Wal-mart’s recent “green” conversion appears to be much more than skin deep. This week came news that the stores would stop carrying cypress mulch harvested or manufactured in Louisiana, helping to slow a poor forestry practice that threatens many of the state’s beautiful cypress swamps. In ignorance, gardeners throughout the U.S. were inadvertently causing Louisiana’s natural storm protection to be ground into mulch. Wal-mart has stepped into the information gap to be a responsible retailer.
There’s nothing wrong with forestry when practiced with sound stewardship. Good forest practices lead to forest regeneration, and that’s exactly the complaint against cypress logging—the altered hydrology of the cutover swamp often prevents natural regeneration. And wetland logging is physically very different from upland logging, disturbing sediments and devastating downstream systems. Wet forests provide habitat for endangered species (like the recently rediscovered ivory-billed woodpecker) and other of God’s creatures. Moreover, cypress swamps buffer the effects of flooding and storms, such as the hurricanes which often buffet the Southeastern U.S.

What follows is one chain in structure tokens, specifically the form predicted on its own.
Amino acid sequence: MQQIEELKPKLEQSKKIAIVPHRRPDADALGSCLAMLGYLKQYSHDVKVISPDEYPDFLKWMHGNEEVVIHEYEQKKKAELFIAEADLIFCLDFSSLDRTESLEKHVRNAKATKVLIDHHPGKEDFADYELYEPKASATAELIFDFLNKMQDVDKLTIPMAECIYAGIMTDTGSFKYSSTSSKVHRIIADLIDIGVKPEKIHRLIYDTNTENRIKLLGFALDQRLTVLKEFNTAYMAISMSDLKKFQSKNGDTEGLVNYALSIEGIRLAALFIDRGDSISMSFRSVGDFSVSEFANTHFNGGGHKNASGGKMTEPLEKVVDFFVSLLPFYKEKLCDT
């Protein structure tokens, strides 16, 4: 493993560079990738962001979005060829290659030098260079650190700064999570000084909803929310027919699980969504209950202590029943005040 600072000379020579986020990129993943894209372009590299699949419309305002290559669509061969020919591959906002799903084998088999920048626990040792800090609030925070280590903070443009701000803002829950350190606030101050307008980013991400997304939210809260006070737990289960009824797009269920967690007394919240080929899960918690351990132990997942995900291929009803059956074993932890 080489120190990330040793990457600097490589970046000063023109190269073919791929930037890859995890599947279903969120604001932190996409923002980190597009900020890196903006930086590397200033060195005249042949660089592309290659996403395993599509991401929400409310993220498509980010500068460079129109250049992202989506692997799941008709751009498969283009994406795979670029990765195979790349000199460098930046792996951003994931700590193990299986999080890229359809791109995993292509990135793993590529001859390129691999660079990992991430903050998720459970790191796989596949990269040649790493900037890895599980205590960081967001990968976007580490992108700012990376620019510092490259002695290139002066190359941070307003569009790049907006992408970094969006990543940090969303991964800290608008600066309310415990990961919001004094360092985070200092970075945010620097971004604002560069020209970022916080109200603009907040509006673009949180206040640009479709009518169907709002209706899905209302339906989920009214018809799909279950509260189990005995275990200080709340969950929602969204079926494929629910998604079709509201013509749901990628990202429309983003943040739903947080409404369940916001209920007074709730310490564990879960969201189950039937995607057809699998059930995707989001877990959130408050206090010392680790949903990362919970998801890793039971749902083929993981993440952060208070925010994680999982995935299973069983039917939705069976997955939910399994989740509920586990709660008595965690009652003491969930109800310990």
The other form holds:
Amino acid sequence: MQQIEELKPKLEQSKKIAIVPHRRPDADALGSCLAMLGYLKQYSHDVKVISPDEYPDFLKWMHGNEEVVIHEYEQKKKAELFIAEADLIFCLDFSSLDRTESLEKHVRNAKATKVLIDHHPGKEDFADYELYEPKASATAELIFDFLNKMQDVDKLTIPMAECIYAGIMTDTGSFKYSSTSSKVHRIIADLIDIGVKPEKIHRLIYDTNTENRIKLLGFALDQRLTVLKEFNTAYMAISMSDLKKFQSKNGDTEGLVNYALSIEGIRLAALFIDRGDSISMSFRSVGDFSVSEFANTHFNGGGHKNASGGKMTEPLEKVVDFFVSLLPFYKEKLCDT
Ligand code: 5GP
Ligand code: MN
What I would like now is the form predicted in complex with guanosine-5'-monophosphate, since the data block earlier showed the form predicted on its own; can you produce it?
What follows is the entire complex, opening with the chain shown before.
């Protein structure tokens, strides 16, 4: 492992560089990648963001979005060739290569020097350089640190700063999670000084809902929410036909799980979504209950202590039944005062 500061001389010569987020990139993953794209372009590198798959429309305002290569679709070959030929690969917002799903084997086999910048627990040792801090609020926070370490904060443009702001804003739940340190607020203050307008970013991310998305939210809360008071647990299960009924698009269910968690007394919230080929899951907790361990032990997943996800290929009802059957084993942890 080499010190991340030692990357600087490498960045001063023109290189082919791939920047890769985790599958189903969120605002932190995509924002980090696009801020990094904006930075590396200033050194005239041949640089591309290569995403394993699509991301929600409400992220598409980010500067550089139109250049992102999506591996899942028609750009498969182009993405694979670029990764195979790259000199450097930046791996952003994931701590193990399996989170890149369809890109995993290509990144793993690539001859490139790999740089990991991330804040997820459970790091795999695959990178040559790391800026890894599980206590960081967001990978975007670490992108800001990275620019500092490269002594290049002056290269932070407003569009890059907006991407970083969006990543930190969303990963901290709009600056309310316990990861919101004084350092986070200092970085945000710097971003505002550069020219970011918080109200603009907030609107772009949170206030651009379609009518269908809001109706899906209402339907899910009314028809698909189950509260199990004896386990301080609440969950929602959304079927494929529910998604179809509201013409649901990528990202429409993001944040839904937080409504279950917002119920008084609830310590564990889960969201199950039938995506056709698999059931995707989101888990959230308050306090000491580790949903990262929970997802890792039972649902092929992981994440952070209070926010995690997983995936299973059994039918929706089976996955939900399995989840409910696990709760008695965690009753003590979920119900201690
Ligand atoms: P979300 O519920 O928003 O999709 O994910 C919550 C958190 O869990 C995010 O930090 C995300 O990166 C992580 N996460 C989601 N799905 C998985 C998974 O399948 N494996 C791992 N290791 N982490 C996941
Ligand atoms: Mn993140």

Gardeners liked cypress mulch initially because it didn’t float away with the rain like pine bark did. But other products can now easily substitute for cypress mulch. Mulch should be a by-product of the forest industry, but because of the popularity of cypress mulch, many swamps have been destroyed not for valuable timber, but simply to be ground up into mulch.
Wal-mart has had a partial conversion—they’ve stopped carrying material from Louisiana. They need to completely ban cypress mulch, because it destroys swamps in my home state of Florida and my adopted state of Georgia, and throughout the Southern U.S.
Other retailers should be asked to take responsibility too—Home Depot and Lowe’s sell a great deal of this non-renewable resource, and their participation in the ban would be a great step forward.
To read more about the campaign against cypress mulch from Louisiana, go to the Save our Cypress website.